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Your search has returned 190 articles:
  • News

    Chronic flu patients could be an early warning system for future outbreaks

    People with weakened immune systems might help scientists get a jump on the flu virus.

    Some flu virus mutations popped up again and again in cancer patients with long-term infections, researchers report June 27 in eLife. And some of those mutations were the same as ones found in flu viruses circulating around the world a few years later, evolutionary virologist Jesse Bloom of the Fred...

    06/27/2017 - 16:46 Microbiology, Genetics
  • News

    Scientists spy on the secret inner life of bacteria

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    On the surface, bacteria may appear bland. But there’s more going on inside than meets the eye, new research is revealing.

    For many years, scientists thought that bacteria didn’t have internal structures and were basically “bags of enzymes,” says structural and cell biologist Martin Warren of the University of Kent in England.

    Now, one group of researchers has...

    06/22/2017 - 14:00 Microbiology
  • News

    New heart attack treatment uses photosynthetic bacteria to make oxygen

    Acting like miniature trees that soak up sunlight and release oxygen, photosynthetic bacteria injected into the heart may lighten the damage from heart attacks, a new study in rats suggests.

    When researchers injected the bacteria into rats’ hearts, the microbes restored oxygen to heart tissue after blood supply was cut off as in a heart attack, researchers at Stanford University report...

    06/14/2017 - 14:06 Biomedicine, Microbiology
  • Feature

    Live antibiotics use bacteria to kill bacteria

    The woman in her 70s was in trouble. What started as a broken leg led to an infection in her hip that hung on for two years and several hospital stays. At a Nevada hospital, doctors gave the woman seven different antibiotics, one after the other. The drugs did little to help her. Lab results showed that none of the 14 antibiotics available at the hospital could fight the infection, caused by...

    06/13/2017 - 10:49 Health, Microbiology, Biomedicine, Immune Science
  • News in Brief

    Choosing white or whole-grain bread may depend on what lives in your gut

    Whether standard white bread or an artisanal sourdough loaf is “healthier” depends on the microbes living in a person’s intestines, a new study suggests.

    Averaging results from 20 people who ate white and whole wheat sourdough bread for one week each, researchers found no difference in people’s response to the breads, which includes changes in blood sugar levels. But when researchers...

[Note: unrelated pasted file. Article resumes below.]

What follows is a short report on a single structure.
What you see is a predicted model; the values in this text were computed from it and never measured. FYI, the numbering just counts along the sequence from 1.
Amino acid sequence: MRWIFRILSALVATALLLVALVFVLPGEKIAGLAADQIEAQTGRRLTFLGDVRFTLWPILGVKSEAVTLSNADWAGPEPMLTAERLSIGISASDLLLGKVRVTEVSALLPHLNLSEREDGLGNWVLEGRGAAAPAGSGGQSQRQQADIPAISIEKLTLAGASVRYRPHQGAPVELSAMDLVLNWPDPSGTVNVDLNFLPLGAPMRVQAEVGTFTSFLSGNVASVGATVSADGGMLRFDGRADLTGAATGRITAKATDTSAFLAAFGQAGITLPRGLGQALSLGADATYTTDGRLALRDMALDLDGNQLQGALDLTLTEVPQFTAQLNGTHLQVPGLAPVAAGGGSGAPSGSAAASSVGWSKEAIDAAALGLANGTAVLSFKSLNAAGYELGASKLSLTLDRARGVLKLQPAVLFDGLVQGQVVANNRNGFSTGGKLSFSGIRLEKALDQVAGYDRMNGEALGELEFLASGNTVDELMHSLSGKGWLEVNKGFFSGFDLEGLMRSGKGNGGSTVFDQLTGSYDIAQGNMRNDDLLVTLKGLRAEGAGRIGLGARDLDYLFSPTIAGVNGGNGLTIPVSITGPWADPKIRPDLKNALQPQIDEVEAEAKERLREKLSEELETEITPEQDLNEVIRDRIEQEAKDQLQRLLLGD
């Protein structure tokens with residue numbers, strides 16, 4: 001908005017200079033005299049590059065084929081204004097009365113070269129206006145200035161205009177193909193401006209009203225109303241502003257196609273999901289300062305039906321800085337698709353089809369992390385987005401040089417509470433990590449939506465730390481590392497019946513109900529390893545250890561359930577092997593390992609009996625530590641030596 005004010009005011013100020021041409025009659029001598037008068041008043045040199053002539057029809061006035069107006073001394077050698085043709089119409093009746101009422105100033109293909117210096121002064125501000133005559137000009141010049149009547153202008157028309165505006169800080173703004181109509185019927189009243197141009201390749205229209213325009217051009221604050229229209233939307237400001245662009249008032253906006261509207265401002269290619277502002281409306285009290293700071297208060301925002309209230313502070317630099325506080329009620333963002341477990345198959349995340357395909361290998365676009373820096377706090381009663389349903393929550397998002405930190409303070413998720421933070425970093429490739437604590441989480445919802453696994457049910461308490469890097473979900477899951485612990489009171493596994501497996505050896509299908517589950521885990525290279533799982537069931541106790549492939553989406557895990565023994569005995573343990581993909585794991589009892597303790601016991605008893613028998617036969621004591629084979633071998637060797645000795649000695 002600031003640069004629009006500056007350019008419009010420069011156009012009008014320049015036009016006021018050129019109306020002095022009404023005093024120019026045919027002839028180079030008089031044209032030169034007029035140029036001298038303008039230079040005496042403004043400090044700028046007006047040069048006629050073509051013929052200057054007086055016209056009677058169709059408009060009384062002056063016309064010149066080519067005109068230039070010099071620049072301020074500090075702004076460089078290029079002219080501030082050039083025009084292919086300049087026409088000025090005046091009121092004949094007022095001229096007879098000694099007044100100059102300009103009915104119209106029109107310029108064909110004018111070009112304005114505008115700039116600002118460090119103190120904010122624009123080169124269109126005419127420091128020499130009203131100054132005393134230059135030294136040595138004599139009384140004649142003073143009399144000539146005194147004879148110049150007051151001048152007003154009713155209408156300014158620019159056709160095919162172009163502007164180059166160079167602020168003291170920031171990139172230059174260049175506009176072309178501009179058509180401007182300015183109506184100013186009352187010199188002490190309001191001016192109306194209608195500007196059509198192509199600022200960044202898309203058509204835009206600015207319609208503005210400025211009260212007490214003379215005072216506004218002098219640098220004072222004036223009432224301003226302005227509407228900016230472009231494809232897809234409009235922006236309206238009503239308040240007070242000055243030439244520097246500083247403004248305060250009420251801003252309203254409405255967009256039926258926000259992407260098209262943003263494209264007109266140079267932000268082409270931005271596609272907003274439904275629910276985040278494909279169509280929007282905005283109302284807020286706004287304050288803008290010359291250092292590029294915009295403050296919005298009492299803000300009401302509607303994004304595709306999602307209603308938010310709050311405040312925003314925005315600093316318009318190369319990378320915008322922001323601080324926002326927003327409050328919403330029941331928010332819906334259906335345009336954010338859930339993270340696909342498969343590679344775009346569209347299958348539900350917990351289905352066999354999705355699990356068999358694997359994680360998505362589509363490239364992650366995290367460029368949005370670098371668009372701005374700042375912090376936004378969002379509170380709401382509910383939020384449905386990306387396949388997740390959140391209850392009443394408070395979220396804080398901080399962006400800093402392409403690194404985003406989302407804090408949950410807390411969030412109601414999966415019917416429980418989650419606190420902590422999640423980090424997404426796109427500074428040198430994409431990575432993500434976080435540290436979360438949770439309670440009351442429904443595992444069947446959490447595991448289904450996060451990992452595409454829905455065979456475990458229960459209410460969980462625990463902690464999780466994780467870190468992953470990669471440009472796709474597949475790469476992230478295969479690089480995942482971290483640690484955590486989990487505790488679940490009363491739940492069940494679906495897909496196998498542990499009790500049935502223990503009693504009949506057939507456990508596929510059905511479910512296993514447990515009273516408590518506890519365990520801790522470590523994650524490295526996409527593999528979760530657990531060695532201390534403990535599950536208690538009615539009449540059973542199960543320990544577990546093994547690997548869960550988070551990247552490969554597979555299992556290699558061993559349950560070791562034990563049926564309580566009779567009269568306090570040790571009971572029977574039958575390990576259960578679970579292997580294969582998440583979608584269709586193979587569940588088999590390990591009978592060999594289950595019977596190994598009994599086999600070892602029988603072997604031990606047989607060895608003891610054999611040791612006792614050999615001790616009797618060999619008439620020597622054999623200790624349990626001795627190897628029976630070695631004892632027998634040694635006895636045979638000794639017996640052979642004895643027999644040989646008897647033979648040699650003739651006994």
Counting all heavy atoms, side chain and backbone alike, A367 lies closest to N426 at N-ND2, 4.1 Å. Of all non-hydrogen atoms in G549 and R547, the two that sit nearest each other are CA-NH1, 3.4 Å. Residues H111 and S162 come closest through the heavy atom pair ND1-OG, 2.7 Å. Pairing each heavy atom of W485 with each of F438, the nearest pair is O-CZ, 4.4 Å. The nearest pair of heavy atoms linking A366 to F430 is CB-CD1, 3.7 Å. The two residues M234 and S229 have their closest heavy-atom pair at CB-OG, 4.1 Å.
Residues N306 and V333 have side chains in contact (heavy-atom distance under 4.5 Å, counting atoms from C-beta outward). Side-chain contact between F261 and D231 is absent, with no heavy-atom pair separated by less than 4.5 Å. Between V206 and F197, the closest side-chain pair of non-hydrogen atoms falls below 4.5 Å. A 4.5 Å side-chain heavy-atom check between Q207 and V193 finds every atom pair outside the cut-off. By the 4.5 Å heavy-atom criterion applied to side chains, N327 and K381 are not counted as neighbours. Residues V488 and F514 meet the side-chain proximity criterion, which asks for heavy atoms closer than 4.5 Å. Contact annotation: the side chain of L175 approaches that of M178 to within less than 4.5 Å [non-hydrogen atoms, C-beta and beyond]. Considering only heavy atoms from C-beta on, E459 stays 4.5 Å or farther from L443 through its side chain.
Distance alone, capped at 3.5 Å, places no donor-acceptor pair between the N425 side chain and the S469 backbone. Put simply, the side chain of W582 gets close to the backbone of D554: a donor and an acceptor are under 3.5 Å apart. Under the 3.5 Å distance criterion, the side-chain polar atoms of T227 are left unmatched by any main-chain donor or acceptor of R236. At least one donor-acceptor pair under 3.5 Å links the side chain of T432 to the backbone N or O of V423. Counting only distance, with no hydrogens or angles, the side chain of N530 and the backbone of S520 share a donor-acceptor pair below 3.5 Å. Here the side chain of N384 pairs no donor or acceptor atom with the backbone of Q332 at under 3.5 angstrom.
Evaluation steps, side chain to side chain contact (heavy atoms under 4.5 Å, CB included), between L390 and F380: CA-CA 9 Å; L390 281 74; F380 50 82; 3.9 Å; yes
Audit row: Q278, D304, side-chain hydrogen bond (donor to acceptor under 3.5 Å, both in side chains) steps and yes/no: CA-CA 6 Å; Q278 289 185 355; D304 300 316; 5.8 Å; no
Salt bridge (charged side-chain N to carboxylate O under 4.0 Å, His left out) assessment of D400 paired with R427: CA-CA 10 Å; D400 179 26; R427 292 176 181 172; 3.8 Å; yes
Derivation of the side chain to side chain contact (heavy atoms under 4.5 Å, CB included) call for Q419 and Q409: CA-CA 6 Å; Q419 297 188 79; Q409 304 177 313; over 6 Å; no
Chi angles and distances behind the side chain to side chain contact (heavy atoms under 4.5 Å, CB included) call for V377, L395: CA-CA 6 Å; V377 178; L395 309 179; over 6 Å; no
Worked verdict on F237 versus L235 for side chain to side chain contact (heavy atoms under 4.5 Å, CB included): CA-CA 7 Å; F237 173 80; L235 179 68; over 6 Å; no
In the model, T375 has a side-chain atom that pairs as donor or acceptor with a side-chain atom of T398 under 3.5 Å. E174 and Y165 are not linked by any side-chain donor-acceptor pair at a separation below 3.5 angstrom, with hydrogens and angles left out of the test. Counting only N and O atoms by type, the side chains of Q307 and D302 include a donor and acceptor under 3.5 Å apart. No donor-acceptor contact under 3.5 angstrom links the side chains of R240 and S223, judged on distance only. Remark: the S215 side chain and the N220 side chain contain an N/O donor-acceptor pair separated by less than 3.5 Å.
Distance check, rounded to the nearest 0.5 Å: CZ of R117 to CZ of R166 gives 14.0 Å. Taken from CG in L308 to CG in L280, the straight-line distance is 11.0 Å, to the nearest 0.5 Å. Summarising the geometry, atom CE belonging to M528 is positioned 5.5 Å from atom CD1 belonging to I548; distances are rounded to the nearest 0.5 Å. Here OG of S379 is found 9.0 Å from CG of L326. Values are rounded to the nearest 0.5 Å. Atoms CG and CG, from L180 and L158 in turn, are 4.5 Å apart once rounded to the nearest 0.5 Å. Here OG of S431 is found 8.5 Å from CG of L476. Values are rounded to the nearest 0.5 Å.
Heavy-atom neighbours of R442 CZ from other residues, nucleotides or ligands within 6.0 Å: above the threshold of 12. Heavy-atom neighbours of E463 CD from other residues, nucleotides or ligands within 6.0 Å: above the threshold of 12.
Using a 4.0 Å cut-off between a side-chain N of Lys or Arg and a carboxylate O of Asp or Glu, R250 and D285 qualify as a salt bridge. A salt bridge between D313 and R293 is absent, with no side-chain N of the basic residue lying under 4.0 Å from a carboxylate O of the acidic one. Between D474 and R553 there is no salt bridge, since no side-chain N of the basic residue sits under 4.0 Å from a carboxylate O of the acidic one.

06/06/2017 - 12:18 Nutrition, Microbiology
  • News

    New rules for cellular entry may aid antibiotic development

    Like entry to an exclusive nightclub, getting inside a gram-negative bacterial cell is no easy feat for chemical compounds. But now a secret handshake has been revealed: A new study lays out several rules to successfully cross the cells’ fortified exteriors, which could lead to the development of sorely needed antibiotics.

    “It’s a breakthrough,” says microbiologist Kim Lewis of...

    05/10/2017 - 13:00 Biomedicine, Microbiology
  • News

    Immune cells play surprising role in steady heartbeat

    Immune system cells may help your heart keep the beat. These cells, called macrophages, usually protect the body from invading pathogens. But a new study published April 20 in Cell shows that in mice, the immune cells help electricity flow between muscle cells to keep the organ pumping.

    Macrophages squeeze in between heart muscle cells, called cardiomyocytes. These muscle cells...

    04/20/2017 - 12:35 Cells, Microbiology
  • Mystery Solved

    Hawk moths convert nectar into antioxidants

    Hawk moths have a sweet solution to muscle damage.

    Manduca sexta moths dine solely on nectar, but the sugary liquid does more than fuel their bodies. The insects convert some of the sugars into antioxidants that protect the moths’ hardworking muscles, researchers report in the Feb. 17 Science.

    When animals expend a lot of energy, like hawk moths do as they rapidly beat their wings...

    04/17/2017 - 07:00 Ecology, Microbiology
  • Feature

    CRISPR had a life before it became a gene-editing tool

    It is the dazzling star of the biotech world: a powerful new tool that can deftly and precisely alter the structure of DNA. It promises cures for diseases, sturdier crops, malaria-resistant mosquitoes and more. Frenzy over the technique — known as CRISPR/Cas9 — is in full swing. Every week, new CRISPR findings are unfurled in scientific journals. In the courts, universities fight over patents...

    04/05/2017 - 09:00 Cells, Microbiology, Molecular Evolution
  • Science Ticker

    Ancient dental plaque tells tales of Neandertal diet and disease

    Dental plaque preserved in fossilized teeth confirms that Neandertals were flexible eaters and may have self-medicated with an ancient equivalent of aspirin.

    DNA recovered from calcified plaque on teeth from four Neandertal individuals suggest that those from the grasslands around Beligum’s Spy cave ate woolly rhinoceros and wild sheep, while their counterparts from the forested El...

    03/08/2017 - 13:22 Archaeology, Microbiology, Evolution